Russia faced several changes throughout its history, especially the city of St. Petersburg, the capital of Russia during the Romanovs' reign. The buildings in this city witnessed the turn of history's wheels several times. For instance, the Kschessinska Mansion which was the residence of the famous ballerina, Mathilda Kshesinskaya.
The Kschessinska Mansion locates in the Kronverkskiy Prospekt, near the Peter and Paul Fortress. This beautiful mansion designed and built by Alexander van Hohen for the ballerina in 1906. The art nouveau style of the architecture combined with the ballerina’s luxurious taste ended up creating one of the most exclusive and magnificent buildings in Kronsverkskiy Prospekt.
The grand mansion had several rooms and halls, each one with a different style which together made the fashionable and modern house even with today standards. Since the ballerina was one of the most famous people in St. Petersburg, her house was always crowded with important people from the upper class of St. Petersburg society. Nearly all the famous people such as artists, nobles, businessmen, and many others had visited the mansion at least once during their time in St. Petersburg.
While the October Revolution was happening, people had warned Kshesinskaya about the dangers she would face if she stays in St. Petersburg, and for that reason, she flew out of the country to France. Only two days after her departure, Bolshevik people occupied her mansion.
The beautiful mansion of Kshesinskaya turned into the new Bolshevik’s headquarter, and also the editorial board of the revolutionary newspaper Pravda. Even Vladimir Lenin made one of his famous speeches on one of the mansion’s balcony after his return from exile in Finland.
The mansion was the government offices for the next four decades until finally, the city committee gave it to the October Revolution Museum in 1955, which was taken place in the Winter Palace up to that moment.
The concept of the revolution museum was formed in the key players’ mind many years before the actual museum even starts to work. Bolshevik people such as Lenin, Gorbachev, and Yuri Gagarin had decided to keep and maintain the documents and their personal belongings after the first revolution in 1905 to create the future Museum of Revolution.
The first exhibition of the museum began in 1919 in one of the significant halls of the Winter Palace which some of the key members of the Bolshevik movement had attended at the opening day. The exhibition in the Winter Palace had been around for almost 25 years after opening.
The Second World War was one of the darkest periods of time for the October Revolution Museum, and other museums in general. The collections and items in the museum moved to the Hermitage during the first days of the war, and because of the rush and emergency of the event, many collections and exhibits were lost or destroyed during the transportation. The October Revolution Museum has lost 110,000 of its exhibits during that unfortunate time.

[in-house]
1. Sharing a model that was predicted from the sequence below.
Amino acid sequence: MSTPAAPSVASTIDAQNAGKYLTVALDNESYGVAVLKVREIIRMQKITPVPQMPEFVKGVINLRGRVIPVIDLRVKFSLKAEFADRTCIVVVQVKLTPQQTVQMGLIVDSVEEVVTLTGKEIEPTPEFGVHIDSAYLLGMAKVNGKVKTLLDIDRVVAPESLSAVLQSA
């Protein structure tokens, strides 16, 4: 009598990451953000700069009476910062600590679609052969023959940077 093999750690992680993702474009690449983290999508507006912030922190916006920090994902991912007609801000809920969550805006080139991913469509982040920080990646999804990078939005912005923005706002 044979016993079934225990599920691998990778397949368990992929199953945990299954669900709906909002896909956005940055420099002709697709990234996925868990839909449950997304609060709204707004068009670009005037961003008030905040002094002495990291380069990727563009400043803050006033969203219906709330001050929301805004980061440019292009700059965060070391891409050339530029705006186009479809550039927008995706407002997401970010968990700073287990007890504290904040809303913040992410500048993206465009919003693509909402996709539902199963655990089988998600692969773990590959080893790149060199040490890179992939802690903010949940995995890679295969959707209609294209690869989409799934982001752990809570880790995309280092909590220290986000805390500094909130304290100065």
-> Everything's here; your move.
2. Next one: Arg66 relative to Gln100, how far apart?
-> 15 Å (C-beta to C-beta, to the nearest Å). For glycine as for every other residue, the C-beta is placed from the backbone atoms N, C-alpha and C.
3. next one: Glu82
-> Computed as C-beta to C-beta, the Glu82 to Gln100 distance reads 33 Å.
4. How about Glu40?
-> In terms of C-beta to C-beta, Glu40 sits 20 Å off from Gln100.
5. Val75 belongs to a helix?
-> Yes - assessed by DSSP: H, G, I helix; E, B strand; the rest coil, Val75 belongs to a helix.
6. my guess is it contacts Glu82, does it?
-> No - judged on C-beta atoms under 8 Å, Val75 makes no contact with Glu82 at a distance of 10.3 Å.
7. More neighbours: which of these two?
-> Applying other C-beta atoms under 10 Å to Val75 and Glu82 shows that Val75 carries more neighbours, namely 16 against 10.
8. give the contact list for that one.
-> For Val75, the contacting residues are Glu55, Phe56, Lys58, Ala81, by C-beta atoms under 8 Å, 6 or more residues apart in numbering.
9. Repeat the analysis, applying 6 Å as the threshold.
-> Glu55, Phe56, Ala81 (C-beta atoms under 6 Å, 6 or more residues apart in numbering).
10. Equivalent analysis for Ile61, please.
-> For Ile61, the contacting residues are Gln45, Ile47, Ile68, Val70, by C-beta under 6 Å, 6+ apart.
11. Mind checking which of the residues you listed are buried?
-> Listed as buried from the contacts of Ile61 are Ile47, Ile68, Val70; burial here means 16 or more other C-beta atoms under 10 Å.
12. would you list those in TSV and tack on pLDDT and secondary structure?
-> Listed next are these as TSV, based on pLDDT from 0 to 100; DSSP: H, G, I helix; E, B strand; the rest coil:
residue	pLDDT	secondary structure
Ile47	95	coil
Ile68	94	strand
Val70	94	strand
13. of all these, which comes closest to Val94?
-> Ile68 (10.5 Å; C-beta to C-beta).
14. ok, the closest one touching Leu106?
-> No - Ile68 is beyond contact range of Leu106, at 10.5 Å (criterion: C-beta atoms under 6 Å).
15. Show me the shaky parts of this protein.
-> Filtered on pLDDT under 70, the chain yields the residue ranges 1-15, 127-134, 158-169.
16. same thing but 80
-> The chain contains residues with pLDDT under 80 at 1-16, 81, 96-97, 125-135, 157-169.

After the war, while the museum was about to start to work again in 1954, the city directors decided to give a new place for establishing the October Revolution Museum, and they had chosen the two luxurious buildings on Kronsverkskiy Prospekt which were Baron Brant and the Kschessinska mansions. The next two decades were bright for the museum since they gathered lots of crucial documents and items for the museum's collection.
The museum went through some critical changes in 1991. Its name changed to the History of Politics Museum, and this change came with the opportunity for other political parties to take parts in the museum as well as the Soviet Union. Since then, the museum worked as a neutral organization in which only displays the history without changing or covering any part of it.
Currently, there are over 500,000 exhibits in the History of Politics Museum from the beginning of the 18th century until now. The directors in the museum are trying their best to keep the museum documents up-to-date because of the importance of the subject. For this reason, the History of Politics Museum became one of the most favorite museums in Russia that host millions of visitors throughout the year.
The Museum has several permanent and temporary exhibitions which one of the permanent ones is the exhibition about the former owner of the mansion, Mathilda Kshesinskaya. One can find the information about the ballerina, some of her belongings, and the history of the mansion in this collection.
Following the changed policy in the History of Politics Museum that took place in 1991, other parties had joined in the museum as well as the communist party to display their collection of documents and exhibits, but the largest part of the museum is still about the Soviet Union and their history. Tough, unlike the past, the collections only offer neutral truth. One can find the key players’ belongings, documents, photographs, and many more items in this immense collection.
Currently, the exhibitions that held in the museum are “Empire on the way to modernization” which is about the history of Russian during the 19th century and the beginning of the 20th century, “The Russian revolution 1917-1922,” and “Soviet Epoch: between Utopia and Reality.”
The History of Politics Museum is a quite fascinating place for people who love politics and its history. This museum, however, is not in St. Petersburg tour plans as a default plan, but if you like to learn more about this topic, you can both see the beautiful Kschessinska Mansion and learn about the history of politics in Russia in one visit. We recommend you to check this museum out if you’ve had enough free time in your travel to St. Petersburg.